2013 EPRG Public Opinion Survey: Smart Energy Survey — Attitudes and Behaviours
We present results of the 2013 Energy Policy Research Group (EPRG) public opinion survey on smart metering and consumption behaviour. Our survey examines the energy consumption awareness and attitudes of the British public, the effect of peers on consumption behaviour, the potential for consumer engagement and consumer acceptance of various energy saving measures. wherever possible, comparisons were made to EPRG public opinion surveys from 2006, 2008 and 2010. The share of individuals that would not want their consumption data recorded at all has gone down from 2010 levels from 30% to 22% although numerous concerns remain. Smart devices do lead to behavioural response but the challenge is the sustainability of this behaviour change over time. The share of electricity monitor householders that read the monitor at least once in a week is 26%, compared to less than 5% of non-monitor households that reported checking their meters at least once a week. However, the reading habit declines over time. Peer influence is not found to have strong impacts on behaviour change. Affordable and user friendly applications on smart phones that inform people of their consumption are seen as promising tools to raise awareness and induce behaviour chan9e. There is scope for shifting load off-peak through smart technologies that minimise impact on availability and functionality, and guarantee consumer privacy.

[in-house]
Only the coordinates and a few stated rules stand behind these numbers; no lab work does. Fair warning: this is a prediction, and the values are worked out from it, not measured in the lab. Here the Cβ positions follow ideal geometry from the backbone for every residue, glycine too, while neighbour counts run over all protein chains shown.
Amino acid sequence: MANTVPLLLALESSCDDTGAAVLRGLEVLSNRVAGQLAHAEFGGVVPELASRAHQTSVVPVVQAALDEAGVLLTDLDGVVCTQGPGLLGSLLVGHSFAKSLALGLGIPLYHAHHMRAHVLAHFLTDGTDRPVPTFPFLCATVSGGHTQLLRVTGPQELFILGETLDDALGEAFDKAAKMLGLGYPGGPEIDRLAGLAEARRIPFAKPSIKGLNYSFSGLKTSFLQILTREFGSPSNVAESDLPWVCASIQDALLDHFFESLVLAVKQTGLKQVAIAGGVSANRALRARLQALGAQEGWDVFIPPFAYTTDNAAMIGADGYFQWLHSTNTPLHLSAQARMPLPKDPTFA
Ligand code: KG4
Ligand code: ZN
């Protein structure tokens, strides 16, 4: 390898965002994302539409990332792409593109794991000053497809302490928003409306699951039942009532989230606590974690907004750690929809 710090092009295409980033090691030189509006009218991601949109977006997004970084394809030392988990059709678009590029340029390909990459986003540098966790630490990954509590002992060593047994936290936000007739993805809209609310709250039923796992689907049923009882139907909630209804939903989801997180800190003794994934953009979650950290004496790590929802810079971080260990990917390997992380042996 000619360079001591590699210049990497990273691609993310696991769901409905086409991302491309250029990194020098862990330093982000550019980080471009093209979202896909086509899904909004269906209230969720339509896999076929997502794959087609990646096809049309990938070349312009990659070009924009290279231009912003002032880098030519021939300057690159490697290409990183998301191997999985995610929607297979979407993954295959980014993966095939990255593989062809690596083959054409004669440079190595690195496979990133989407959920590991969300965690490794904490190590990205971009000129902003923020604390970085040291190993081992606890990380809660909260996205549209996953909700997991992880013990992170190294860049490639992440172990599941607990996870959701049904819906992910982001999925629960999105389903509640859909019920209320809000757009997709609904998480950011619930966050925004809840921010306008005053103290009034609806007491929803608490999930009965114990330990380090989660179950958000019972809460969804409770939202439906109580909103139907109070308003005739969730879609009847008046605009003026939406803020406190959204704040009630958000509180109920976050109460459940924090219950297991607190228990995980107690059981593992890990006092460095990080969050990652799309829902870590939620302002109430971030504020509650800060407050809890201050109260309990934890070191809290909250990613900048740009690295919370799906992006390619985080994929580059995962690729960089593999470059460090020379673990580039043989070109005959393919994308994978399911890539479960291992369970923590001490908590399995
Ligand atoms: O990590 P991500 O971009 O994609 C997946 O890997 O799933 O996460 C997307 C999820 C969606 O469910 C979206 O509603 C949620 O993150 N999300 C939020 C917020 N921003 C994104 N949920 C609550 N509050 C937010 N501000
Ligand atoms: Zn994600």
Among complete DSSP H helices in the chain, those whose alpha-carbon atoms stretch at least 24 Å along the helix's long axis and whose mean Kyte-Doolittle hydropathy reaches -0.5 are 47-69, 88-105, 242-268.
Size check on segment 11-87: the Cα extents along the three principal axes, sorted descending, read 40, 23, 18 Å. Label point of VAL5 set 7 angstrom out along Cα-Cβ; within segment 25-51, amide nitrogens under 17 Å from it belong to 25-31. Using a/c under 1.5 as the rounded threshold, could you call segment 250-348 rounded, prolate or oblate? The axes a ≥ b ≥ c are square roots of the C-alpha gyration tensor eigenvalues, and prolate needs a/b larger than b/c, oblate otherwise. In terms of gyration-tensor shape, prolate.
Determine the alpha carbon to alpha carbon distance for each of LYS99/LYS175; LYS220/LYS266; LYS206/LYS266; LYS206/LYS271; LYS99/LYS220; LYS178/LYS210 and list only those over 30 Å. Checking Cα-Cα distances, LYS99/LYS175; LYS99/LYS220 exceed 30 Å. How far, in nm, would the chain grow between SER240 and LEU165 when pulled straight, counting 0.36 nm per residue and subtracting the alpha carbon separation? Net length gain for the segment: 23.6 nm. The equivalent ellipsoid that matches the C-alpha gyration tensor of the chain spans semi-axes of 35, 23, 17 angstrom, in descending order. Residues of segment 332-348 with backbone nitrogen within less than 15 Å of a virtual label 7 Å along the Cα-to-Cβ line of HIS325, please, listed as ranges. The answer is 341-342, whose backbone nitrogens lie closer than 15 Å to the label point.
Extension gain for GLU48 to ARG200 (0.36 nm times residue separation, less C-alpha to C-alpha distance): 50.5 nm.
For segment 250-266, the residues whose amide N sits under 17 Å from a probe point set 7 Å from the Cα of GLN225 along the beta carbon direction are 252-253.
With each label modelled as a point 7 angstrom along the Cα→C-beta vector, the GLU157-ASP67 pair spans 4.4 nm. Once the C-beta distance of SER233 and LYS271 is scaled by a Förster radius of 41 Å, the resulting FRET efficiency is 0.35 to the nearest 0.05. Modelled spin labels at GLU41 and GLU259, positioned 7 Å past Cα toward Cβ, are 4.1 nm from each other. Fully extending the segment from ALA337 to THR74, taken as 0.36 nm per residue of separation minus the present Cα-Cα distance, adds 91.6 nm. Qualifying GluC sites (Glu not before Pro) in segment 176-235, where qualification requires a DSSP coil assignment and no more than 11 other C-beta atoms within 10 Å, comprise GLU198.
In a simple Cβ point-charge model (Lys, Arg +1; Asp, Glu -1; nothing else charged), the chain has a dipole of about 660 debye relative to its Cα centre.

References listed on IDEAS
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